Wilmington, DE Dupont Powder Company Explosion - 30 Killed by Blast
THIRTY KILLED BY POWDER BLAST
Seven Others Injured in EXPLOSION at Dupont Plant.
VICTIMS BLOWN TO ATOMS
Wilmington, Del., Dec. 1. Thirty men, nearly all of them young, were killed and seven were injured when 80,000 pounds of black powder exploded in a packing house in the upper Hagley yard of the E. I. Dupont de Nemours & company, near here.
The cause, an official statement given out by the company says, is a mystery. However, there were rumors afloat that some outside agency caused the detonation of the powder. These speculations concerning the possibility of a plot to blow up the Dupont works were based largely upon posters recently put up near the powder plant warning Germans to get away not later that January 1.
The killed are: JAMES BAIRD, BENJAMIN BARBER, MARGE BRICOTTI, ELMER CUMPSTON, JAMES EGNER, HARRY ELLIOTT, ELMER FOX, NORMAN FISHER, JAMES GENNETT, NELSON NEWGATE, J. HABER, FRED JEFFREY, B, KELCHER, EDWARD KING, JAMES MALLOY, BRYAN O'CONNOR, HARRY PLACE, G. SYLVESTRI, PAUL SMACK, JOHN SMACK, WESLEY SIMPSON, E. SPRINGFIELD, ALLEN A. THAXTER (foreman), LESLIE TIMMONS, W. WEIN, ELMER MACE, PATRICK HANRAHAN, C. PLEASANTON, WILLIAM OLIVER and one other man thus far unidentified.
The injured are: Lewis Booker, Edward Davis, E. F. Ware, P. J. Sikes, W. H. Oliver, J. R. Meredith, all of whom are at local hospitals. MACE, a driver: HANRAHAN, a carpenter; CLARCENCE PLEASANTON, fireman, and W. OLLIVER, machinist, among the killed, were outside the packing house.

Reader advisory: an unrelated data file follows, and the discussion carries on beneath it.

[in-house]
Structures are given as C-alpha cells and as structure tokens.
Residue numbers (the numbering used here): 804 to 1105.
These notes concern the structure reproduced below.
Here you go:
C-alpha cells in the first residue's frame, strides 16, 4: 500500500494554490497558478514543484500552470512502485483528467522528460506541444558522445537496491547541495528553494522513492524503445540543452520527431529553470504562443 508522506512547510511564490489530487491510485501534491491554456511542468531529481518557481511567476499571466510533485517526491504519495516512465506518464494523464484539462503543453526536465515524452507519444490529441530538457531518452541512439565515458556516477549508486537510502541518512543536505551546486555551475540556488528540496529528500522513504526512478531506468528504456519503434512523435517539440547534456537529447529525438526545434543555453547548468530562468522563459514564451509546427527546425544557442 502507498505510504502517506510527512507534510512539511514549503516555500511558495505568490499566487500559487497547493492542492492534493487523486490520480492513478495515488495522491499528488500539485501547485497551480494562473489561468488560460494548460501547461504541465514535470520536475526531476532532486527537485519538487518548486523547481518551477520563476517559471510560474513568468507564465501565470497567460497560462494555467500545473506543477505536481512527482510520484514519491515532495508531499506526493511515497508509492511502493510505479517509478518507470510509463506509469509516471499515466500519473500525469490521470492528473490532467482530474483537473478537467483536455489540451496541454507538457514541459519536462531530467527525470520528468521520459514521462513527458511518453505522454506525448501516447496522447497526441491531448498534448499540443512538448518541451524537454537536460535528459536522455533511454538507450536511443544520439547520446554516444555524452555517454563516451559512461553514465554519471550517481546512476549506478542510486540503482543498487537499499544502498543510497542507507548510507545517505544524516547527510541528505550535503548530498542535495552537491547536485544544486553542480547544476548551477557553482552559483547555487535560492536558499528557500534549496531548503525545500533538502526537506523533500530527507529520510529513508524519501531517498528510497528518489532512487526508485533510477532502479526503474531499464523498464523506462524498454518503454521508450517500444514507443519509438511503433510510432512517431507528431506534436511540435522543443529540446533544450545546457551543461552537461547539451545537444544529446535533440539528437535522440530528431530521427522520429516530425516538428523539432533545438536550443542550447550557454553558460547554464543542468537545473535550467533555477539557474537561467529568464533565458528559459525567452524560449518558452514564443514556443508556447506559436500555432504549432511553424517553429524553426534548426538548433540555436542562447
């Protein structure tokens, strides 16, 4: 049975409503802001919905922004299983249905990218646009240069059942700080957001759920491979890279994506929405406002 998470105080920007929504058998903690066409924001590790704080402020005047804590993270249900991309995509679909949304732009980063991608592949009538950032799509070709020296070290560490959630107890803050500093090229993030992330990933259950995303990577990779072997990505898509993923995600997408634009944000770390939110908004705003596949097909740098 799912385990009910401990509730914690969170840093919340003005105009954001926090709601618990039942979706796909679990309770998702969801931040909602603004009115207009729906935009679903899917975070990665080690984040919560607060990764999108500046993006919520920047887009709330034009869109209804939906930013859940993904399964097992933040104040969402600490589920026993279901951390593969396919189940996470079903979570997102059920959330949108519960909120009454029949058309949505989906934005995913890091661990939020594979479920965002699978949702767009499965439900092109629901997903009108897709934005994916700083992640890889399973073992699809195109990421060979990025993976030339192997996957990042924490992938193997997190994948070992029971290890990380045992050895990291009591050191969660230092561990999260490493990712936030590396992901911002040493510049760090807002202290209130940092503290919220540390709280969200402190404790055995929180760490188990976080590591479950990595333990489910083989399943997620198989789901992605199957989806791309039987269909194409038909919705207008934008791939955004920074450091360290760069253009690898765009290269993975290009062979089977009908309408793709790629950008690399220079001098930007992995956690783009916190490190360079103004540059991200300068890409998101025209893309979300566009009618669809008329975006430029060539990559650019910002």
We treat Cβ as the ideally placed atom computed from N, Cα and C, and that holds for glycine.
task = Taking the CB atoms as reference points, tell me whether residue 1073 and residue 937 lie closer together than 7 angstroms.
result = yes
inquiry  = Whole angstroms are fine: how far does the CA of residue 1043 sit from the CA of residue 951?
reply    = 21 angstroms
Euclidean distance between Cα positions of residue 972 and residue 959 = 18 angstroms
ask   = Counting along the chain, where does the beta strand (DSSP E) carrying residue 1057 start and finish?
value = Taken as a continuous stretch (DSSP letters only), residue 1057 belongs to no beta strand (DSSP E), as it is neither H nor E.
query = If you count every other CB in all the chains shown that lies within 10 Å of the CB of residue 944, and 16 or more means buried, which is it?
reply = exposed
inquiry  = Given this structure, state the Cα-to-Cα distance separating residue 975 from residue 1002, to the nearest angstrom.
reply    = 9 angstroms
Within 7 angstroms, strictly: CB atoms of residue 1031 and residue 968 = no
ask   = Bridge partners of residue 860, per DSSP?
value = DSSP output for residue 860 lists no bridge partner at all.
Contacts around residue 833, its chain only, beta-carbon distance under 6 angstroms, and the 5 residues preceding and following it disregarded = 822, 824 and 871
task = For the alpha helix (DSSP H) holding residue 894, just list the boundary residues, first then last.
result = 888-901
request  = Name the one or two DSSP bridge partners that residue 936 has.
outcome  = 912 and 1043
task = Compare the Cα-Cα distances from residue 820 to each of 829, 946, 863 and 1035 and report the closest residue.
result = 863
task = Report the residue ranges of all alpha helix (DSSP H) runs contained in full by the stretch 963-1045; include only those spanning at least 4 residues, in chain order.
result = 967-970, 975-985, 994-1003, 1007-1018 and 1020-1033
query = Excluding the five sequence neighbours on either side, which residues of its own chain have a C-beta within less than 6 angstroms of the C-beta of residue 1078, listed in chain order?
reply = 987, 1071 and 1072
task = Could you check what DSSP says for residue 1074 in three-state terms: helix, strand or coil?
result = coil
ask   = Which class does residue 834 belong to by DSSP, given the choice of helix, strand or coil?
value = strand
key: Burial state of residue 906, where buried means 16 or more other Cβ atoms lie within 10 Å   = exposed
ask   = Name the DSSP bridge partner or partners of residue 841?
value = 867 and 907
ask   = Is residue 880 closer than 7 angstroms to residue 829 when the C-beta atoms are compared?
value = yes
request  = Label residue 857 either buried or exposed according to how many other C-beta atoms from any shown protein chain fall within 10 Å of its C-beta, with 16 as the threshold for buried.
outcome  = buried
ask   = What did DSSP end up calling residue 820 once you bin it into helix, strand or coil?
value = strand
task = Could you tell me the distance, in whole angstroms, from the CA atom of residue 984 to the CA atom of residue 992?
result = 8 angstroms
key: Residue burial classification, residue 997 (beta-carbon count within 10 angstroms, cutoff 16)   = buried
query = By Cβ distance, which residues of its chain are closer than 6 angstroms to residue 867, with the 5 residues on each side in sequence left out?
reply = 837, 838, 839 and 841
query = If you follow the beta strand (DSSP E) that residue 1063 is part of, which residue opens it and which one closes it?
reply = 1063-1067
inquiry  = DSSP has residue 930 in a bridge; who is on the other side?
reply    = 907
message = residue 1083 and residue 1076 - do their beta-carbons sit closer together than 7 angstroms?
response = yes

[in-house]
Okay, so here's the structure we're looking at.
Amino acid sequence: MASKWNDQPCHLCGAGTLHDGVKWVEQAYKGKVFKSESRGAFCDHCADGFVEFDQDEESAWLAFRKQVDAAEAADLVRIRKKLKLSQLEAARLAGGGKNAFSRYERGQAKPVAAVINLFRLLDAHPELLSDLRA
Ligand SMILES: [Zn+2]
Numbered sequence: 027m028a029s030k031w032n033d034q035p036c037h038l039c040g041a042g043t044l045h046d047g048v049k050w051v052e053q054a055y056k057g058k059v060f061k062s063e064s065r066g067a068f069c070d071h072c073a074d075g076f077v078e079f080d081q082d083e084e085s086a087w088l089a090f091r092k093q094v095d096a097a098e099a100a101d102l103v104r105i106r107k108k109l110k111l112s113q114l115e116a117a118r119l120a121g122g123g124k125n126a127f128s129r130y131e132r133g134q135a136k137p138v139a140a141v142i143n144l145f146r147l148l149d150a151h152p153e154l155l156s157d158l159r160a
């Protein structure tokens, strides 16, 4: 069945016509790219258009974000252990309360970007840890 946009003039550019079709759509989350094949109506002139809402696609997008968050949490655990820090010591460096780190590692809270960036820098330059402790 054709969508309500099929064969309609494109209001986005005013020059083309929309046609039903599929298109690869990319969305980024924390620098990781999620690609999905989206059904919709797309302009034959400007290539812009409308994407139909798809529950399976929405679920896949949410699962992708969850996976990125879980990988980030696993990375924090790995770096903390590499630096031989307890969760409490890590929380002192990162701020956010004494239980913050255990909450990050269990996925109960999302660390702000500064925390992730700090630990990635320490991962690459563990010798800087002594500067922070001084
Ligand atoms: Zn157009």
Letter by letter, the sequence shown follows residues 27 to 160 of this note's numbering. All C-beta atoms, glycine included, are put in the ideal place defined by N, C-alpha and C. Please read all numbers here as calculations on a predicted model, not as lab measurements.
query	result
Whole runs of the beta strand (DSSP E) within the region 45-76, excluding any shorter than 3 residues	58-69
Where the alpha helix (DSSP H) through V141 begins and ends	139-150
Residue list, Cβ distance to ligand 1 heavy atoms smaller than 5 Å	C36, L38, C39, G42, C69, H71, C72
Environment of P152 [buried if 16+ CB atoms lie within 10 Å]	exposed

The explosion was so severe that only a hole in the ground marks the spot. The packing house was blown to pieces, as were other structures nearby. There were twenty-five men and youths from sixteen to twenty-one years at work in the packing house. None survived. They were all blown to atoms, not enough of any body being found to enable identification. The others killed were outside the building. For hours after the explosion, other workmen in the yards were busy with buckets and baskets picking up arms, legs, hands and remnants of flesh scattered over the surrounding country and hanging from trees over a quarter of a mile.
The only body identified among those known to have been in the packing house is that of ALLEN A. THAXTER, of Portland, Me., foreman in the mill. The trunk of his body was blown across the Brandywine creek and was identified by shreds of clothing that clung to the mangled flesh.
The men injured were at work outside the packing house or in adjoining mills.
The disaster was one of the worst that has ever occurred in the history of the Dupont company. Twenty-five years ago six mills in the same plant exploded and killed fourteen men and injured a number of others. The money loss will only be a few thousand dollars.
All of the injured were badly mutilated, some having their eyes blown out and limbs almost torn off. Some will die.
JOHN SMACK, one of the killed, only began work Monday. The scene about the plant was heartrending. Hundreds of relatives of workmen clamored for admission or screamed in anguish.
Just before the explosion occurred a car carrying several thousand pounds of powder was run along a narrow railroad track to the door of the packing house. This was drawn by two horses. One theory is that some of the powder spilled from the car, and falling on the tracks was ignited by the car passing over it. It is supposed this flash ignited the explosive in the car and caused the disaster.
The News, Frederick, MD 1 Dec 1915